The latter options, anecdotally speaking, are usually interwoven amongst a lot of people. Either terrible coaches brought them to a point of strict dieting and stalled progress leading to binging, or a person went on their own and ended up eating too little and wondering “where heck is my progress?”
If you fall into this category, think about the hormone discussion above. Think about what it’s doing to you. In the worst cases, you’ll uncover a litany of problems, like lowered hormones, or cessation of your menstrual cycle if you’re a woman. Best case scenario, you feel slightly run down and your progress will stall.
Ultimately, you need to fix the problem. So in this case, a reverse diet might be an option. Briefly, a reverse diet is a way to eat such that you increase your metabolic rate over time and work your way into a caloric surplus. Furthermore, the caloric increases are meant to be slow so that you gradually adapt to the increase of food, and so you don’t gain a ton of weight. To give you an idea of how slow, the increases can come as 100 calories or less, or if you find yourself losing weight, more than that.
Depending on how your metabolism is, you might either gain a bit of weight, or you will trigger more weight loss when you embark on the reverse diet. Both of these will influence how long you stay on the reverse diet. For example, if you find yourself losing weight week after week with increased food, you ideally will keep reversing until you don’t gain. And when you finally gain some weight, you have them reached the surplus. At that point, maintain it. Adapt.
If you find yourself staying the same or gaining a little bit of weight, the process might be even longer for you. Remember, the goal of the reverse diet isn’t to lose weight. It’s to increase your metabolic rate. When you do lose weight, it’s just an unintended consequence.
No matter what, the goal is to adapt to something other than what you have been doing, which has gotten you less than desirable results. If we refer to the above quote, it makes sense. It’s not always the right time to be in a deficit.
How to Make the Decision
You have to take an accurate inventory of your dieting history. See which category you fall into. See where you are now. What are you doing, how are you eating? Are you eating too much or too little? Are you willing to invest the time it takes to fix yourself so that later on you can successfully go on a caloric deficit and not crashing and burning? That last the one is important. It will take time. It will take patience. And for some of you, it will take exponentially more of both. But don’t be afraid to embark on something new. As Layne says, “If you do what you have always done, you will get what you have always gotten.”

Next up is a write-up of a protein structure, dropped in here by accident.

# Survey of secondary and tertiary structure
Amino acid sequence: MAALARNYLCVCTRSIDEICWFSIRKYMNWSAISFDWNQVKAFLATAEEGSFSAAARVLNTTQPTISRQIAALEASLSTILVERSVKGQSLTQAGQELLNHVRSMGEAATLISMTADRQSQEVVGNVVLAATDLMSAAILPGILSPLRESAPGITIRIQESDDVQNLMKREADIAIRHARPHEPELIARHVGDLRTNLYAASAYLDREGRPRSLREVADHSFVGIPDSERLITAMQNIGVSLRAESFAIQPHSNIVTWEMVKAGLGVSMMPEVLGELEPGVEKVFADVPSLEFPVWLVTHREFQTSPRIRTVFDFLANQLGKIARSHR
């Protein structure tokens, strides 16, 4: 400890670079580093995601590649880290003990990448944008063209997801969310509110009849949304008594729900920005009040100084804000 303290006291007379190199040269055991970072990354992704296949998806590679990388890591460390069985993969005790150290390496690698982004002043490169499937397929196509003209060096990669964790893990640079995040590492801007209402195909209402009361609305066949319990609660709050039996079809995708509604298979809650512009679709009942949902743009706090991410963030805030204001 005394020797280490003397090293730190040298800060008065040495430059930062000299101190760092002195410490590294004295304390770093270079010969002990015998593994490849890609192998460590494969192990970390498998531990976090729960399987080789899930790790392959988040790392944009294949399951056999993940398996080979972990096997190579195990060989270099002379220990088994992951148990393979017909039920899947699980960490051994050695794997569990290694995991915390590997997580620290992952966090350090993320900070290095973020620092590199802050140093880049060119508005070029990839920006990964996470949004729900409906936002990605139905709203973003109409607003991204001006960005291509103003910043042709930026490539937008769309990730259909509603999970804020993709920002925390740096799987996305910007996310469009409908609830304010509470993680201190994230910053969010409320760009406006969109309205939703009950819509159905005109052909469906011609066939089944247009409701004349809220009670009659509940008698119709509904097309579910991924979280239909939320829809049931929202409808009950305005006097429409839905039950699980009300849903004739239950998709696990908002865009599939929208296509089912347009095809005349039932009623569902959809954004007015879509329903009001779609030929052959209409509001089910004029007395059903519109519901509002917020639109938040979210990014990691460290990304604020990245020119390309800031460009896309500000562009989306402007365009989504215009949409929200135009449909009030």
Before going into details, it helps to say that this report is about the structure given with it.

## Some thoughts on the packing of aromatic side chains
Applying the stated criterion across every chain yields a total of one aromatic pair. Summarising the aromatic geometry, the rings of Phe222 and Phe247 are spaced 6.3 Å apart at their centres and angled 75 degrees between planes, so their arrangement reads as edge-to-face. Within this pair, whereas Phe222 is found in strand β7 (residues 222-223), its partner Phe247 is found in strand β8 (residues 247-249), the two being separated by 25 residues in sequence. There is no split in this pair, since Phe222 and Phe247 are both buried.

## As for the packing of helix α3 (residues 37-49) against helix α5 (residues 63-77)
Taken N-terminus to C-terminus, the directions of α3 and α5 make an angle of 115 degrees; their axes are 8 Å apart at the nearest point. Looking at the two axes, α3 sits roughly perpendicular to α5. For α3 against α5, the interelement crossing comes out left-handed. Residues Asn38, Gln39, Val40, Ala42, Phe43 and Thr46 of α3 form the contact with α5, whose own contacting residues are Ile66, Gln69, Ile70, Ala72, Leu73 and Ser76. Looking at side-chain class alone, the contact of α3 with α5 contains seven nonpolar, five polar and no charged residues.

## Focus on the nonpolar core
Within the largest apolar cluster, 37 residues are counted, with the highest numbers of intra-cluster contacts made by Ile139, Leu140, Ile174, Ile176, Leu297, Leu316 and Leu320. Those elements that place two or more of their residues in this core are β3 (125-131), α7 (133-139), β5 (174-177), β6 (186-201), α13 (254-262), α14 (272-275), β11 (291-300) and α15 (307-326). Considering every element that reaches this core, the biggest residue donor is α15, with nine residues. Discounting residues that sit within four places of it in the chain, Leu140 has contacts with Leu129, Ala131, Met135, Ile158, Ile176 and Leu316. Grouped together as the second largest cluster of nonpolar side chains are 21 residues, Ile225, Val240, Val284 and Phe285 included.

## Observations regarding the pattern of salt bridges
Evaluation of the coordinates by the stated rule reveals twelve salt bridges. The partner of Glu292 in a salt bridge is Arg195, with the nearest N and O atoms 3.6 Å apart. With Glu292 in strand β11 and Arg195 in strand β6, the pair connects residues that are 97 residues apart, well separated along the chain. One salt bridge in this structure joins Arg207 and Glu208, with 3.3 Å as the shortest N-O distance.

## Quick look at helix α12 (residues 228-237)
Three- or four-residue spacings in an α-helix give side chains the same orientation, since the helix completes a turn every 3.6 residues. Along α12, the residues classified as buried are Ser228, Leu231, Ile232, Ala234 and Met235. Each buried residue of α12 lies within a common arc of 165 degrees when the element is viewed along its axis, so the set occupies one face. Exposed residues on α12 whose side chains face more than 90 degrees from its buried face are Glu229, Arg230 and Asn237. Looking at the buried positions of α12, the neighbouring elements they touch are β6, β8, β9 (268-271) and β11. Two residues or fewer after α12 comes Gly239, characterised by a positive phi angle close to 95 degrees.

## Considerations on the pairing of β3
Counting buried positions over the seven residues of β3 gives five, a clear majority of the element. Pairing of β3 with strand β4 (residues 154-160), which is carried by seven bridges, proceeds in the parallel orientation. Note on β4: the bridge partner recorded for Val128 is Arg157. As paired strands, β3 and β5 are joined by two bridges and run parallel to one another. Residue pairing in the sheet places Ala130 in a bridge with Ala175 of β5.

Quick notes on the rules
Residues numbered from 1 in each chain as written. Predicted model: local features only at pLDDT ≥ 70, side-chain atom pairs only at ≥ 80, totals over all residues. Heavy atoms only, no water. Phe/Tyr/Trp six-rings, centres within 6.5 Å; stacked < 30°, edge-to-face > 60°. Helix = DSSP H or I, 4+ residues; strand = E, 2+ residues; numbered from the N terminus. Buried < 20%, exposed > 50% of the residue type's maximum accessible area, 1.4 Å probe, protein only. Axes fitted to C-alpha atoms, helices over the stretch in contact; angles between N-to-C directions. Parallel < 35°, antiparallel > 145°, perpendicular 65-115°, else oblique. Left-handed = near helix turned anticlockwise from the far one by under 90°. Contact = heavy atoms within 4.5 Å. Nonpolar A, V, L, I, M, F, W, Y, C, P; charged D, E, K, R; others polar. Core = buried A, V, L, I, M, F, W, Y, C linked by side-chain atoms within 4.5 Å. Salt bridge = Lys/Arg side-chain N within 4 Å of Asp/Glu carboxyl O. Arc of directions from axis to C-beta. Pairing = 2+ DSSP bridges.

- Cangemi, R., Friedmann, A. J., Holloszy, J. O., & Fontana, L. (2010). Long-term effects of calorie restriction on serum sex-hormone concentrations in men. Aging Cell,9(2), 236-242. doi:10.1111/j.1474-9726.2010.00553.x
- Wadden, T. A., Mason, G., Foster, G. D., Stunkard, A. J., & Prange, A. J. (1990, March). Effects of a very low calorie diet on weight, thyroid hormones and mood. Retrieved July 03, 2017, from https://www.ncbi.nlm.nih.gov/pubmed/2341229/
- Redman, L. M., & Ravussin, E. (2011). Caloric Restriction in Humans: Impact on Physiological, Psychological, and Behavioral Outcomes. Antioxidants & Redox Signaling,14(2), 275-287. doi:10.1089/ars.2010.3253
- Norton, L. E., PhD. (2014, January 27). BioLayne Video Log 24 – Reverse Dieting. Lecture. YouTube video of Layne going more in depth about reverse dieting.